New Advances in the Modelling of Pulsar Magnetospheres
June 23, 2017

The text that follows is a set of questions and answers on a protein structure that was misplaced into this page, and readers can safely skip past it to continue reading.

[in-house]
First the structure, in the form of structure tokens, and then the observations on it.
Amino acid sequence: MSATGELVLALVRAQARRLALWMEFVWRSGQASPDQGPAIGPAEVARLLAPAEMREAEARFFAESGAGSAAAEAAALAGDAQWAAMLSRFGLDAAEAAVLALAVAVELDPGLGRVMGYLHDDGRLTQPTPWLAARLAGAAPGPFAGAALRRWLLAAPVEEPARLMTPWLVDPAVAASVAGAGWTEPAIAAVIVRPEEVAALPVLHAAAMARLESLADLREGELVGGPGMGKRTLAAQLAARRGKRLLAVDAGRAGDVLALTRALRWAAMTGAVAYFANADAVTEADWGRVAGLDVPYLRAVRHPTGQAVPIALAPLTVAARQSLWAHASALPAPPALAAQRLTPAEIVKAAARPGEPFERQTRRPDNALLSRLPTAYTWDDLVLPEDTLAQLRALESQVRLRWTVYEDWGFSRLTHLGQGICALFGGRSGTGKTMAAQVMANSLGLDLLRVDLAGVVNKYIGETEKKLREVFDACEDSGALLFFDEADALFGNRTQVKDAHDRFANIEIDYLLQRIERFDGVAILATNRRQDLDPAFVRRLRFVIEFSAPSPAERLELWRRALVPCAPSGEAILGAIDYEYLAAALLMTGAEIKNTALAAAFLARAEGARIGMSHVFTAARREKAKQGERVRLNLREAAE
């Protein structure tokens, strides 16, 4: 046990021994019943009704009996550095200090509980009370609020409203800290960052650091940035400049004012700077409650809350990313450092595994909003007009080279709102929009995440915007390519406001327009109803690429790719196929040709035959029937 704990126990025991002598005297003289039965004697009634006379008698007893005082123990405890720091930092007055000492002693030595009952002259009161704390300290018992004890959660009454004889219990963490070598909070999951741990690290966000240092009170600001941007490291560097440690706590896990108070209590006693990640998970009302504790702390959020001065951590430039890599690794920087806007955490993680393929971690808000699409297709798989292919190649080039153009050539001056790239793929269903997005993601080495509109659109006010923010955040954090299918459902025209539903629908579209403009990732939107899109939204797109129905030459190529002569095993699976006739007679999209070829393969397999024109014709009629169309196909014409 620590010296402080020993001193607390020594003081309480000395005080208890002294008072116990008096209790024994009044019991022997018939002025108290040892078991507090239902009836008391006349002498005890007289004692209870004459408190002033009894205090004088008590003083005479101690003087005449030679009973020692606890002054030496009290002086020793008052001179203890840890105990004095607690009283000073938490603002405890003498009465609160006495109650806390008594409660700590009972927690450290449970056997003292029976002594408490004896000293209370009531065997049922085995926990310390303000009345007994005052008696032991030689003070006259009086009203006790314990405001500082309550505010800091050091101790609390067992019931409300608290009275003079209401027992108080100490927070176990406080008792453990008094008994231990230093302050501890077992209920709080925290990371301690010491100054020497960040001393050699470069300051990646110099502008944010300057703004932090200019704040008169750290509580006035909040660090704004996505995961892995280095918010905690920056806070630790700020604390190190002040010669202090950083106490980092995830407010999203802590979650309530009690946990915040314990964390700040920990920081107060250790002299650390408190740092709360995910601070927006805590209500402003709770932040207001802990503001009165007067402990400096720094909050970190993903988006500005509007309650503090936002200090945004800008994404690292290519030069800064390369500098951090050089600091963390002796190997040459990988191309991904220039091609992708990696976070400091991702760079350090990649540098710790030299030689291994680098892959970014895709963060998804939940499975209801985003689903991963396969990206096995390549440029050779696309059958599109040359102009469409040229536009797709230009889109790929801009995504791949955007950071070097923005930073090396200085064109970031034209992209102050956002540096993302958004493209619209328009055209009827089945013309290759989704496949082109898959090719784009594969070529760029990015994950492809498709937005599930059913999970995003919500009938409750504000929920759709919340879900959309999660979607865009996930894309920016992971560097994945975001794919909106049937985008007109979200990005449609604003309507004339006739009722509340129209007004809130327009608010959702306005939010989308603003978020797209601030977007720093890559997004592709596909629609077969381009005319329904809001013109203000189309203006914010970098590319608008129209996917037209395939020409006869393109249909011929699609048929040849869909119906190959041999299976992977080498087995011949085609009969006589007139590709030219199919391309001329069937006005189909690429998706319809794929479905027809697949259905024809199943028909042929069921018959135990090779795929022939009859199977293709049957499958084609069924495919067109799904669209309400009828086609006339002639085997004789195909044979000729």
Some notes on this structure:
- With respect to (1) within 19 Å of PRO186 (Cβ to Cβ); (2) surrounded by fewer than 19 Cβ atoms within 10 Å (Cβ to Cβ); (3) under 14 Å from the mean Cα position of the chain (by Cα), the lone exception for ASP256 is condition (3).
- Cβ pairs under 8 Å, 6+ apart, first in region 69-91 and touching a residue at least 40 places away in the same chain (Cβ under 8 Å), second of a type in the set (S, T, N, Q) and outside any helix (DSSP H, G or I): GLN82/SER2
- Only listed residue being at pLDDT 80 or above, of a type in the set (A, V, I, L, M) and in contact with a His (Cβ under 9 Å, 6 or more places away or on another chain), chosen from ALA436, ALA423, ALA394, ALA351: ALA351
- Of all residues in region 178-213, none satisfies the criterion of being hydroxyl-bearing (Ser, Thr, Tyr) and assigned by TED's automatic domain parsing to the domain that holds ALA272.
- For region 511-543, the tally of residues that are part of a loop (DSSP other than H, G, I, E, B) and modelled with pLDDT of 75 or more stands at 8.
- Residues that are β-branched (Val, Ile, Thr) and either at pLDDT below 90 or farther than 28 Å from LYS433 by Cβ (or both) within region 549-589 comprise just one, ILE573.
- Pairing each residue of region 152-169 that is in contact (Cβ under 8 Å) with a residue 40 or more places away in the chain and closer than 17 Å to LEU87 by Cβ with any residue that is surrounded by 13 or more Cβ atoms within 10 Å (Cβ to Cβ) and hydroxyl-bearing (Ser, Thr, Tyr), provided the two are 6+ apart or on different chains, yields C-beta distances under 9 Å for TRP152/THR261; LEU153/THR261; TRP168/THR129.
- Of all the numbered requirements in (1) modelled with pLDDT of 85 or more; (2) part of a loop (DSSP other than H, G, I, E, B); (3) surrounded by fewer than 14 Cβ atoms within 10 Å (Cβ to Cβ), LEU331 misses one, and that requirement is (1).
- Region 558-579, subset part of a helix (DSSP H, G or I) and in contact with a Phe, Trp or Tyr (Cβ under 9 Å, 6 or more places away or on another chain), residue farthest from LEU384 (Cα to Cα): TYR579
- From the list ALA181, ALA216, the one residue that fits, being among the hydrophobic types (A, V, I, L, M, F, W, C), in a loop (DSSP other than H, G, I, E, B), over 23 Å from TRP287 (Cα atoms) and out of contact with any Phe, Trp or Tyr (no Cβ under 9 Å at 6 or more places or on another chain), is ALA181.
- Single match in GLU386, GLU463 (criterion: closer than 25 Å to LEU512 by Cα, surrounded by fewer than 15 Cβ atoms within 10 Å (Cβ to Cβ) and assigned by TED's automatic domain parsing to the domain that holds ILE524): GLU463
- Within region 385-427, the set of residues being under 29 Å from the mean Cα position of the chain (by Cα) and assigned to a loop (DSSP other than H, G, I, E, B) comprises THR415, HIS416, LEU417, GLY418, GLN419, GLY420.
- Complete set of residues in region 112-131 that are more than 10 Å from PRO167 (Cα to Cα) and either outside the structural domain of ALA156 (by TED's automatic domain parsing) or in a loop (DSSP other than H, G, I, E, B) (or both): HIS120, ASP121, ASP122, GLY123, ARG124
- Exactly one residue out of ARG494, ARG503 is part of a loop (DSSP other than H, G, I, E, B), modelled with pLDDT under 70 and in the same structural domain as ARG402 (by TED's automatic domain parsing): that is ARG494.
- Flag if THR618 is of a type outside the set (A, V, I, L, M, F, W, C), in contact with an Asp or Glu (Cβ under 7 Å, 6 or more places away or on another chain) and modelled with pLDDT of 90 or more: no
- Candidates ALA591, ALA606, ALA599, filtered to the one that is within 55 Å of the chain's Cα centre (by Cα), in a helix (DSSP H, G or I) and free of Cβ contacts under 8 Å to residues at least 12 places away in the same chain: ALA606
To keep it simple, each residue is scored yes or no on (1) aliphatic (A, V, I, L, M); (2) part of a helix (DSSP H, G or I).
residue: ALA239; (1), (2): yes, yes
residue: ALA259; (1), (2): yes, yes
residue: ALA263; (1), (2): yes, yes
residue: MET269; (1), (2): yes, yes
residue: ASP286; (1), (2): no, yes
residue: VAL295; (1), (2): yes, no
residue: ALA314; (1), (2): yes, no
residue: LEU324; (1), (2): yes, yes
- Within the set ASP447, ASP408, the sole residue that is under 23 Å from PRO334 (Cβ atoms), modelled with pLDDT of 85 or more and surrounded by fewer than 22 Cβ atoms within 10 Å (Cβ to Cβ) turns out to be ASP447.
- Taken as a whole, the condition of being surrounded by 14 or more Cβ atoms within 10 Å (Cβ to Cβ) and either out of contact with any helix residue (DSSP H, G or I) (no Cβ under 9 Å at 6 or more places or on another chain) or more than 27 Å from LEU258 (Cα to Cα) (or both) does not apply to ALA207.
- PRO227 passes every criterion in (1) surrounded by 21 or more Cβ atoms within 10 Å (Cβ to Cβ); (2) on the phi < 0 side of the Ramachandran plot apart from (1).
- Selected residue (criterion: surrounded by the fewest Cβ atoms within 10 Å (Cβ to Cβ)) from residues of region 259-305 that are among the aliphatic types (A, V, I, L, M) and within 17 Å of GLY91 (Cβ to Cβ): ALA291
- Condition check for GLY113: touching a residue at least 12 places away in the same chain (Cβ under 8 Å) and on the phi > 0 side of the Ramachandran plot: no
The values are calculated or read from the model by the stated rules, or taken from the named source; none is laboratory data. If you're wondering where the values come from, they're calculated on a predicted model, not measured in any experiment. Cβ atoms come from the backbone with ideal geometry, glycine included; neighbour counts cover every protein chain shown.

The wealth of high-energy (E > 50 MeV) and very-high-energy (E > 100 GeV) data accumulated over the past few years have provided unprecedented opportunities to probe pulsar emission models. The Fermi Large Area Telescope (LAT) has now detected over 200 gamma-ray pulsars of vastly different ages, providing an extensive dataset of spectra and light curves compared to a mere decade ago. Ground-based Cherenkov telescopes deepened our appreciation of the mysterious richness of the pulsar mechanism by a surprise detection of pulsed emission up to 1 TeV from the Crab pulsar. These discoveries position us to make real progress in pulsar theory. A number of studies have developed new and enhanced existing dissipative magnetohydrodynamical (MHD) and particle-in-cell (PIC) codes to solve the global electrodynamics and pursue fundamental questions about magnetospheric particle injection, acceleration, and radiation. While MHD models capture the global aspects of pulsar magnetospheres, the microphysics need to be probed self-consistently by PIC simulations. Some dissipative MHD models consider the current sheet (CS) as an important site for high-energy curvature radiation (CR), while early PIC results point to energy dissipation taking place in the CS, where particles are accelerated by magnetic reconnection and may possibly emit $\gamma$ rays via synchrotron radiation (SR). This is in marked contrast to some older local emission models that studied CR $\gamma$ rays produced in gaps nearer to the spinning neutron star. The universality of these results should become clearer as current computational restrictions are overcome and boundary conditions are refined. Continued and combined polarimetric, spectral, and temporal measurements should aid us in scrutinising these new emission models in our persistent pursuit of a deeper understanding of the pulsar marvel.
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